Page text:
As to the second period, from plaintiff's delivery of her proxy materials to the Company (October 17th) to the time of their being sent out by the transfer agent (October 18th), the uncontroverted evidence without doubt supports defendants' claim that they acted as expeditiously as possible. John McAteer, an employee of First National City Bank, the Company's transfer agent, testified that he was instructed by the Company "to handle plaintiff's proxy mailing in an expeditious manner, which we did." (Tr. at 84.) He further testified that, had the mailing taken place in the normal manner, it would not have gone out until the 23rd, whereas in fact the mailing was sent on the 18th. (Tr. at 85.) Accordingly, we are satisfied that, as to the mailing, the Company acted "with reasonable promptness" (14a-7(b)).

 Thus, Knapp's case for preliminary injunctive relief stands or falls on the question whether defendants unduly delayed the transmission to the plaintiff of the information required by 14a-7(a). Although the question is close, we think that plaintiff's proof of delay between October 10th and 16th is insufficient for her to carry the day, especially since one day was required for the transfer agent to collect the information and two other days fell on a weekend. On the record before us, we are unable to say that plaintiff has demonstrated a probability of success on the merits.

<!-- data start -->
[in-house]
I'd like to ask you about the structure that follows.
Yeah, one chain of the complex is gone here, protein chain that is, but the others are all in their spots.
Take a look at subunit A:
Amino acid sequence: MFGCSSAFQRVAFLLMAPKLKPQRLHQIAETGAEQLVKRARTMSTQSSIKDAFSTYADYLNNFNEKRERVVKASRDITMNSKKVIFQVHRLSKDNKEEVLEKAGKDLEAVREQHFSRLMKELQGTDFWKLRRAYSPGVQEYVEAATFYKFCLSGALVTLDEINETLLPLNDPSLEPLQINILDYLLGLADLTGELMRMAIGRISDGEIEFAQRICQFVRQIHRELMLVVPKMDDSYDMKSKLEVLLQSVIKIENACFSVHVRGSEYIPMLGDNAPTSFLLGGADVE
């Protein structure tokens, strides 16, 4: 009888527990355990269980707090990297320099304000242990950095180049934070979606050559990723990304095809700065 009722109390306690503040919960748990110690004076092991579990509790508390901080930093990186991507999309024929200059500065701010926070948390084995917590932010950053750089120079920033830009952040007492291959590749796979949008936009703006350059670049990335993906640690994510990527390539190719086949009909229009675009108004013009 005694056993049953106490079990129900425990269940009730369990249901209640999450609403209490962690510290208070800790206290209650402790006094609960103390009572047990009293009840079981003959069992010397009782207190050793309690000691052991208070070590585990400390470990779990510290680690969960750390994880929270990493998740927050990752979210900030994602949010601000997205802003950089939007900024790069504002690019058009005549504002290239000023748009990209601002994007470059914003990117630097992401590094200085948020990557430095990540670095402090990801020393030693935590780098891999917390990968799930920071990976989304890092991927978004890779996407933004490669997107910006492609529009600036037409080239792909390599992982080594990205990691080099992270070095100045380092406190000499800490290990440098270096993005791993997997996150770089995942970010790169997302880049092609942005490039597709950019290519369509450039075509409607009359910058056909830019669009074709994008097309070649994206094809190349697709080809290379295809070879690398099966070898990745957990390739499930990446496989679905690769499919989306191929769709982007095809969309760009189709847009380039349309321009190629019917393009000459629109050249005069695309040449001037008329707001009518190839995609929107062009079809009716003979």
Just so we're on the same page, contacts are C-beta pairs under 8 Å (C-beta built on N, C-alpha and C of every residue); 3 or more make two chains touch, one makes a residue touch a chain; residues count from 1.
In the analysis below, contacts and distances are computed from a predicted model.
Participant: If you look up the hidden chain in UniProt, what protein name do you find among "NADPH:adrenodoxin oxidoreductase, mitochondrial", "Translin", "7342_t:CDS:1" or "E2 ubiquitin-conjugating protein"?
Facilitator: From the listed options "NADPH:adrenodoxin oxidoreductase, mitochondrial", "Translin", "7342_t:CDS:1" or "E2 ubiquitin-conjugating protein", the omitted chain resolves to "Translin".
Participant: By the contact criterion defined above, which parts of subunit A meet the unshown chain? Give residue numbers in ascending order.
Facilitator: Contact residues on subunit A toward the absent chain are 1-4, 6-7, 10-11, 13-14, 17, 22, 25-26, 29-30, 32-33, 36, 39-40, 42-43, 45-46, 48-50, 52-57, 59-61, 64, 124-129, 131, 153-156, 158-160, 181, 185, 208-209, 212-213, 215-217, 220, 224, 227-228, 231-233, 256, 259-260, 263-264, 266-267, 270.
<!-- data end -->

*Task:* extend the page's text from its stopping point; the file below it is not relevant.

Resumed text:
This determination makes it unnecessary to discuss the many defenses raised by defendants, any one of which, if established, would preclude preliminary relief, even if plaintiff's own case were otherwise strong enough to warrant it. We note, however, that these defenses are substantial and that the proof adduced as to them is persuasive and fortifies the determination that it is improbable, as the record now stands, that plaintiff would prevail on the merits.

 We turn, therefore, to the second test discussed in Pride which requires plaintiff to demonstrate that she has "raised serious questions going to the merits and that the balance of hardships tips sharply in her favor." 482 F.2d at 264. Both sides have "raised serious questions going to the merits," ...